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If your Eye Offends you…. Sermon Preached at St. John’s Lutheran Church in Oakland, CA 9/28/1997

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Pentecost XIX (Proper XXI) Sept. 28, 1997

Numbers 11: 4-6,10-16,24-29. Psalm 19: 7-14. James 5: 13-20 Mark 9: 38-54.

Needing to be Cruel to be Kind

Children’s sermon: I taught the children how to march, and taught them to chant in step with their time:

Two, four, six, eight:

we think Jesus Christ is great.

Eight, six, four, and two:

Jesus died for me and you.

Marching song, each line is echoed by children:

I don’t know, but I been told.

Jesus’s got a heart of gold.

He teaches us to do what’s right.

to march with him is out of sight.

Sound off. Sound off.

One, two, three, four,

One, two, three, four.

The sermon is about those difficult sayings in our Gospel message which speak of cutting off an arm, leg, or tearing out an eye. What does Jesus mean? I have some brutal stories the point of which, is to illumine Jesus’ meaning: we need to get into a new life-adaptation, and we have to do what it takes to stop our adaptation to and our acceptance of death.

Simon Tshenu Farasani of Venda, South Africa, told me about the torture he had to undergo when he refused to buckle under Apartheid. He told me about when they would hang him on poles on the bare ankles and wrists and let him swing there until he became unconscious with pain. He told me that at one point Christ took over and bore the pain for him.

What does it take for us to get out of the forces that make us die, and into a new adaptation of life?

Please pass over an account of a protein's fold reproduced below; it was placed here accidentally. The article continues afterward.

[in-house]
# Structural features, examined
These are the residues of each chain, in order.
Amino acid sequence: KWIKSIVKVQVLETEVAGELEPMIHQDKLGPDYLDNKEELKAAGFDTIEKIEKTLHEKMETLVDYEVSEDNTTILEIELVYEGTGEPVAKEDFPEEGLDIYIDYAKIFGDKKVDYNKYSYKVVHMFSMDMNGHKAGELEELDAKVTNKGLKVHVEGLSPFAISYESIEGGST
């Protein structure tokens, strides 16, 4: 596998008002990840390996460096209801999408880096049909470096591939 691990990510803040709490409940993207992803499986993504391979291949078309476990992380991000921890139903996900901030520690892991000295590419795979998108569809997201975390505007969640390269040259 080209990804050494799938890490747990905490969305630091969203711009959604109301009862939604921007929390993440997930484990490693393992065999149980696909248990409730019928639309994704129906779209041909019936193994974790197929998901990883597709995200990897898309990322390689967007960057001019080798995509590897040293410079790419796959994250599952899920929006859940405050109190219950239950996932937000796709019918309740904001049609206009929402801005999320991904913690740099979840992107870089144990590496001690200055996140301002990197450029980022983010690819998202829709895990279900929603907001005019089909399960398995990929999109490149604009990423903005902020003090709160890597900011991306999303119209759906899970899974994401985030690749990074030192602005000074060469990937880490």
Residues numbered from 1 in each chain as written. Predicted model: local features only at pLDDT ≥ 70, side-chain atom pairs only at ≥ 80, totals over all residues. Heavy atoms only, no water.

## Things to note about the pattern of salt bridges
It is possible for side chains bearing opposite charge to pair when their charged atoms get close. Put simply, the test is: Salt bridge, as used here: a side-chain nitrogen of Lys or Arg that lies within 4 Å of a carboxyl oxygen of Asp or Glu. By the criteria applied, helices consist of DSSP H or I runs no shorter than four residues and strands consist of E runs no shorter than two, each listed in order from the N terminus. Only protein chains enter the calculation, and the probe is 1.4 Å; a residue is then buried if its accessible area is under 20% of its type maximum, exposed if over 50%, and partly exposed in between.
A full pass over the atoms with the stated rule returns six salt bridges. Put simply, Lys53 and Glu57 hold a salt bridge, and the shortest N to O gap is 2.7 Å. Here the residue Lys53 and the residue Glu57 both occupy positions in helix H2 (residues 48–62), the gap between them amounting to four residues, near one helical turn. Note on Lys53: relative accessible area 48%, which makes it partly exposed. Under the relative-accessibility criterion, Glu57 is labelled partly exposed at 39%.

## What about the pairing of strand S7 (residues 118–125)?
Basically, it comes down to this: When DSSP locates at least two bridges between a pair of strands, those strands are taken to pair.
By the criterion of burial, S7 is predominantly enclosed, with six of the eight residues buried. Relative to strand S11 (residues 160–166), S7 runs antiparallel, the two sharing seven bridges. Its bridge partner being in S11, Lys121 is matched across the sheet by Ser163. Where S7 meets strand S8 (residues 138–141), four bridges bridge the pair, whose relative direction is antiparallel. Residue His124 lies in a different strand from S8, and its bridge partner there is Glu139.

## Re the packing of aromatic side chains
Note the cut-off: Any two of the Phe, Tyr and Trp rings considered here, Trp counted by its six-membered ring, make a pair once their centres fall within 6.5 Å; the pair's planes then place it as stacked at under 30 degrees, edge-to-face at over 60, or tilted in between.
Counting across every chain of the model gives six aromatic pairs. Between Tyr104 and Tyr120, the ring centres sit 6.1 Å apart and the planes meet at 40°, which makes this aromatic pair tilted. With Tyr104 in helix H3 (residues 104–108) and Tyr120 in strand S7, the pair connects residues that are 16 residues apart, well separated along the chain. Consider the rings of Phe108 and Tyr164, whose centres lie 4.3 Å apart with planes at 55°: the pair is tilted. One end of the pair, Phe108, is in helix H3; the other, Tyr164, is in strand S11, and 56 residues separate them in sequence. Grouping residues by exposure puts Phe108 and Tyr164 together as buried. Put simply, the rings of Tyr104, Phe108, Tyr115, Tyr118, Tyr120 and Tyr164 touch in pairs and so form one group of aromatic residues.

Mad Max in a wretched scene at the end of the movie finally brings down the merciless villain, who did not spare his many victims. He chained him to a car about to explode. He gave him a hack saw and said: “If you cut the chain, the car will explode before you are done. If you cut off your leg with it, you will save yourself.”

His whimpering proved he would not choose life, through all that pain, but would die. He was not like some wolverine, or some animal caught in a bear trap, that would chew off its paw, its leg, to escape and break free.

Did you hear that the demonstrators, who were trying to save the giant redwood trees from being cut down, were pepper-sprayed before they were arrested? What an ugly thing to do! The police should know that over forty persons have already died from the effects of pepper spray. They were not using it on criminals, but on people who want to save the trees for future generations, who should also be able to admire them, who do not think profit is the bottom line. It seems that even the giant redwoods have to fall before the almighty dollar. And the giant redwoods stand like symbols for people that are bulldozed under for the sake of more profits, immigrants torn from their families, welfare mothers cut off from their sustenance, and down-sized workers – who cannot find reemployment.

One way of understanding downsizing in corporations is that they are pruning the vine, much like we prune back the trees in front of our church. Do-nothing workers, who do not bear fruit, get laid off. Even fruitful branches are cut back so they bear more fruit. But that might not be the real motivation for downsizing. It may be just another way to press down the people to make the rich richer and the poor poorer.

Don’t go gentle into that good night.[1] Don’t adapt to dying and adjust yourself to it. Once I had to struggle with a woman who had discovered she had a tumor in her breast, but would not go to the doctor until it was too late. Choose life, although the way goes through pain and much suffering. But there is hope beyond it. There is no hope if we adjust ourselves to dying.